News / USA

    Obama Hails Senate Procedural Vote on Income Taxes

    President Barack Obama on Monday welcomed a key procedural vote in the U.S. Senate on his compromise tax deal with opposition Republicans. Obama spoke to reporters after the measure cleared that first hurdle in the Senate and urged the measure's passage in the House of House of Representatives, where it faces sharp criticism from members of his Democratic Party.

    The White House was confident in achieving the votes required to move the measure ahead in the Senate, although the president knows there is more work to do with Democrats in the House who are unhappy with the compromise.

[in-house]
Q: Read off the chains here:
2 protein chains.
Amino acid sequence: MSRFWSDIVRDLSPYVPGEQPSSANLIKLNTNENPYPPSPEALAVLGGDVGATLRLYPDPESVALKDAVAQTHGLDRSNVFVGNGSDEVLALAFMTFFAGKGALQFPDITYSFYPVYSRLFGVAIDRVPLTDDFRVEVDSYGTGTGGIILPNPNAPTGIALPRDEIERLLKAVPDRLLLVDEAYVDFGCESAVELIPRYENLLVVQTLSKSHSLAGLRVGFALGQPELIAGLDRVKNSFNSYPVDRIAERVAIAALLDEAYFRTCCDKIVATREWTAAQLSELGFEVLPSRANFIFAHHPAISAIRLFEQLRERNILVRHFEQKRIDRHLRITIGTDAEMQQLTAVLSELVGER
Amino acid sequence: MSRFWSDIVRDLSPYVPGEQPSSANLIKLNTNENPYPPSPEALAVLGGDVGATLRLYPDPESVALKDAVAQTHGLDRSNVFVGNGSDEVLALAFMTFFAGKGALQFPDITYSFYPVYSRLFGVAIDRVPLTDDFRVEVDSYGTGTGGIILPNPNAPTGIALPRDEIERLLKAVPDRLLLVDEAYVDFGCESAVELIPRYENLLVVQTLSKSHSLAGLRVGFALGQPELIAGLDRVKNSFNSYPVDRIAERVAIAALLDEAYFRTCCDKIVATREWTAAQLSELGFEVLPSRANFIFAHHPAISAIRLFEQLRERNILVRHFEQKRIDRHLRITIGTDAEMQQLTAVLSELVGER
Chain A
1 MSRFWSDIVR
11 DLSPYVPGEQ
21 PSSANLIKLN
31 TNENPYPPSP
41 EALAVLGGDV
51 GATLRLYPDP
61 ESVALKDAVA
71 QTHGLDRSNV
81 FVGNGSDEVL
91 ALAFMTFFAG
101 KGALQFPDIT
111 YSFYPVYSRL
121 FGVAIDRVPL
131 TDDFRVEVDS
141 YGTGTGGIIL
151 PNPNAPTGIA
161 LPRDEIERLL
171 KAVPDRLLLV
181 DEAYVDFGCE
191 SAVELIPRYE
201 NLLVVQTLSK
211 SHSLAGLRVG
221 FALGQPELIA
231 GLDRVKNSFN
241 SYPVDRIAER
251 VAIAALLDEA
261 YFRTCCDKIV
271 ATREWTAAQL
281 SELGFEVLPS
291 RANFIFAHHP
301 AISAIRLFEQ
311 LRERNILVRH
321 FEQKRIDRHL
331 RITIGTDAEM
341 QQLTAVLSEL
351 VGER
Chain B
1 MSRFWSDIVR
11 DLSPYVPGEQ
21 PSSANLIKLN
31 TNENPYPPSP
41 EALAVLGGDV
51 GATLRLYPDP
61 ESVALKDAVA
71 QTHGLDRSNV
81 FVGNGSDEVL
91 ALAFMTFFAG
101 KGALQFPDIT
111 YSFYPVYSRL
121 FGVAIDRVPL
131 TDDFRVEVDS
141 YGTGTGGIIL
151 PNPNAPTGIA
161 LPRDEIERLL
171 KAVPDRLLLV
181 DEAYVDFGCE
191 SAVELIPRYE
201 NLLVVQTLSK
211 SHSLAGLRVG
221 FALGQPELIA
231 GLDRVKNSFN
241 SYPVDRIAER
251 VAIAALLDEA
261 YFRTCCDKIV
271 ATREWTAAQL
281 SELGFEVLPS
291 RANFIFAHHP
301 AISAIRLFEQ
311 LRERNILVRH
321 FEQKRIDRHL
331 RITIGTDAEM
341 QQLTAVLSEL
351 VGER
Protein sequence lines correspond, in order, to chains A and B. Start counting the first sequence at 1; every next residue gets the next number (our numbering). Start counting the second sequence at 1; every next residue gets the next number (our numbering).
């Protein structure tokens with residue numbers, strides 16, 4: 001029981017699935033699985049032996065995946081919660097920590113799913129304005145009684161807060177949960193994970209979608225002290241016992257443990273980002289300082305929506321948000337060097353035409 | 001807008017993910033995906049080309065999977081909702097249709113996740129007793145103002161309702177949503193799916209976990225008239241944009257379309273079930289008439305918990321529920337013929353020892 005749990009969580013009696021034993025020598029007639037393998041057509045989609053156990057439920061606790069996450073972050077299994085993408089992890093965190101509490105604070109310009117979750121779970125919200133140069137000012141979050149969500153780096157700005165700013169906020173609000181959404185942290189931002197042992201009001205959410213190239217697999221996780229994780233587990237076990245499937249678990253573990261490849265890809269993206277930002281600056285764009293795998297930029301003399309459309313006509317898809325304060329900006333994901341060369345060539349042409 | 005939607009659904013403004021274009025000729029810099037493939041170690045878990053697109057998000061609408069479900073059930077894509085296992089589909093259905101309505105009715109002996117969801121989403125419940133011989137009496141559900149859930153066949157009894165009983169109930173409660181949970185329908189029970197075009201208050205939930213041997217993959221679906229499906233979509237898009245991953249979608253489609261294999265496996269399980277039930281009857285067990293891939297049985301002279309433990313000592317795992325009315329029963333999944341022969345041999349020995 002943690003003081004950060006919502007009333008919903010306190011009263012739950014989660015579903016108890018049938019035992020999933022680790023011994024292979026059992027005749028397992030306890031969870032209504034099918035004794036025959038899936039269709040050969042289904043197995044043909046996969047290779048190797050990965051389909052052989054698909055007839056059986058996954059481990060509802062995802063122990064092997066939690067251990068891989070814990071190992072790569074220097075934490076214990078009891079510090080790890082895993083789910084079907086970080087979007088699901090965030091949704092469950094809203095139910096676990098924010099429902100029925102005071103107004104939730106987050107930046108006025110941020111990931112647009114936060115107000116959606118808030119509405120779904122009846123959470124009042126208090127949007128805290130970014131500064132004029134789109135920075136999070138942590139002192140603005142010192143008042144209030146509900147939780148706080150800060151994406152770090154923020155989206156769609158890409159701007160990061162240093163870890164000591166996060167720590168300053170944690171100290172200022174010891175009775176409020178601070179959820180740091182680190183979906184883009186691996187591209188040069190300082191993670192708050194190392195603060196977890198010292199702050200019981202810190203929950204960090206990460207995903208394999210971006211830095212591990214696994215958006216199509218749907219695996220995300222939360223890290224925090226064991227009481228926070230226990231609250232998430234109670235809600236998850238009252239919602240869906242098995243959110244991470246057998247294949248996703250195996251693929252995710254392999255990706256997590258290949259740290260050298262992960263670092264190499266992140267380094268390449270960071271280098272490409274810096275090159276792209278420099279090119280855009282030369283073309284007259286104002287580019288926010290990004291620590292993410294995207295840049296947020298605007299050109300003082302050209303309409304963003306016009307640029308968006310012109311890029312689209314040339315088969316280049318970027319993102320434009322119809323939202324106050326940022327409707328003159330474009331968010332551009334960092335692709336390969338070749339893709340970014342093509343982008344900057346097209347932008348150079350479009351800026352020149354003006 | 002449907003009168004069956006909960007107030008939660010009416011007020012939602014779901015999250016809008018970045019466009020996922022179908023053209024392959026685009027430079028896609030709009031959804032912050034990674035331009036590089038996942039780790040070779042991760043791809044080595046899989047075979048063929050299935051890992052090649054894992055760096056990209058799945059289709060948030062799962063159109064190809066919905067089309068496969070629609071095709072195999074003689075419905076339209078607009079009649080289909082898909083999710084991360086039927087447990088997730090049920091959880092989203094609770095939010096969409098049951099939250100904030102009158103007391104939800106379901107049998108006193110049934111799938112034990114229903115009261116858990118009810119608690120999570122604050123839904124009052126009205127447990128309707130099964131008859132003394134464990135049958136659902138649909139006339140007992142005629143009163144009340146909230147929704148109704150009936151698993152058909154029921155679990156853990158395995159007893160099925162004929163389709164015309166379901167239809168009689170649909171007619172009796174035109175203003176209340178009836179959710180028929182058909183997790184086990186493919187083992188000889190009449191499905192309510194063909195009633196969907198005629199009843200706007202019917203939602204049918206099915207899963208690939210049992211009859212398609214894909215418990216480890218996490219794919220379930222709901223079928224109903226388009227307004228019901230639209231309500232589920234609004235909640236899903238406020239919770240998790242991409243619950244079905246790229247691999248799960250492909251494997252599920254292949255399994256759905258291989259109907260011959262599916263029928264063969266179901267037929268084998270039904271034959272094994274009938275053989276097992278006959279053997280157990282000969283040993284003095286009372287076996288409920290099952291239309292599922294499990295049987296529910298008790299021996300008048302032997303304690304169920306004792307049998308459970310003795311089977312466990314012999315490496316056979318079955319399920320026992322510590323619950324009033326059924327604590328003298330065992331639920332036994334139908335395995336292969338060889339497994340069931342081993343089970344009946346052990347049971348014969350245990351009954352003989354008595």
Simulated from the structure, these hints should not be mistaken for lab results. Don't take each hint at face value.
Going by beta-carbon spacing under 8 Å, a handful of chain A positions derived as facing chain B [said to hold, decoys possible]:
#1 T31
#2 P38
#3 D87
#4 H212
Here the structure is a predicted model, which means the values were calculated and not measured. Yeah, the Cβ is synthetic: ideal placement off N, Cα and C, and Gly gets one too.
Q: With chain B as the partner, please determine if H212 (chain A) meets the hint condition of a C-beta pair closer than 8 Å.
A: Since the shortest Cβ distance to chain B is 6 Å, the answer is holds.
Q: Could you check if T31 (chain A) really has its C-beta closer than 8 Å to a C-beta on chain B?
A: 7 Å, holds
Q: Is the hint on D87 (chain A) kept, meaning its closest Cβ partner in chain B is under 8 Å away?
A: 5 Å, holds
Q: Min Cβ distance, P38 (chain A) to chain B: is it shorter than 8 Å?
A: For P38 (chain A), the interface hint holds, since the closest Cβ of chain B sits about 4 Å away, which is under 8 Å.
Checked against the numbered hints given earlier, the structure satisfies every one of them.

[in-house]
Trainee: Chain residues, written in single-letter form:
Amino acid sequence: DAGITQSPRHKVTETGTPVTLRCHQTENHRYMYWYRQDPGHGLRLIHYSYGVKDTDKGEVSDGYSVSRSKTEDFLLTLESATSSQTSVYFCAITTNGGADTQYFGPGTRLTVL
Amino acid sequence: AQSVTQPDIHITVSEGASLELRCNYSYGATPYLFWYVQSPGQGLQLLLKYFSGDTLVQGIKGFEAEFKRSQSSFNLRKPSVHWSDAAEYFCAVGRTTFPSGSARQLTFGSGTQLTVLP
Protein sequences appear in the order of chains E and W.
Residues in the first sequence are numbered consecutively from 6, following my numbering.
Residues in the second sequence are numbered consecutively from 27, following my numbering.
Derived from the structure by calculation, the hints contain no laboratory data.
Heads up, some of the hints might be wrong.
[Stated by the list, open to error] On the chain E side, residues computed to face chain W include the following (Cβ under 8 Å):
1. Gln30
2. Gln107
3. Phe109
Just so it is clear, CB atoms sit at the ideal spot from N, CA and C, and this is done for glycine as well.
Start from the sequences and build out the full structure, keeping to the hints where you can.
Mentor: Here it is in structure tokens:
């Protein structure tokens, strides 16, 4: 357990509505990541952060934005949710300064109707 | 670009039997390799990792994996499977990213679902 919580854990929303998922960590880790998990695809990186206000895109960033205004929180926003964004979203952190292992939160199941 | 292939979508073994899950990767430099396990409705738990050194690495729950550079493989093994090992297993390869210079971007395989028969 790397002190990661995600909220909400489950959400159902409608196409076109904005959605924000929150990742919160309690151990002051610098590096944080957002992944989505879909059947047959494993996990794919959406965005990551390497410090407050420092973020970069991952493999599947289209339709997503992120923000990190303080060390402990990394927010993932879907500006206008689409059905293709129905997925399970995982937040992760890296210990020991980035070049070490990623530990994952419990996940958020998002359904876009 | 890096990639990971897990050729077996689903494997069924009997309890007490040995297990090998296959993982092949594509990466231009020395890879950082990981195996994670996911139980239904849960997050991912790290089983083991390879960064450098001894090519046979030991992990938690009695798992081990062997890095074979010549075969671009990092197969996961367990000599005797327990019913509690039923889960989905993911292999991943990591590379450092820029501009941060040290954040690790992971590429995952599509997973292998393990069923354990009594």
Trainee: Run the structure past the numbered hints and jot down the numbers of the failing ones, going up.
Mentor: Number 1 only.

Obama said he has been speaking with House lawmakers about a vote there later this week after the Senate's final vote, which is expected on Tuesday or Wednesday. "I recognize that folks on both sides of the political spectrum are unhappy with certain parts of the package and I understand those concerns. I share some of them. But that is the nature of compromise - sacrificing something that each of us cares about to move forward on what matters to all of us," he said.

    At an estimated cost of more than $850 billion, the tax deal would extend for two years current lower tax rates for middle and upper income Americans put in place under former President George W. Bush.  

    In return, Republicans agreed to a 13-month extension of benefits for about two million unemployed Americans along with provisions that analysts say amount to a second economic stimulus package.

    Taken as a whole, Mr. Obama said, the proposal will grow the economy and create jobs "Nearly every economist agrees that that is what this package will do," he said.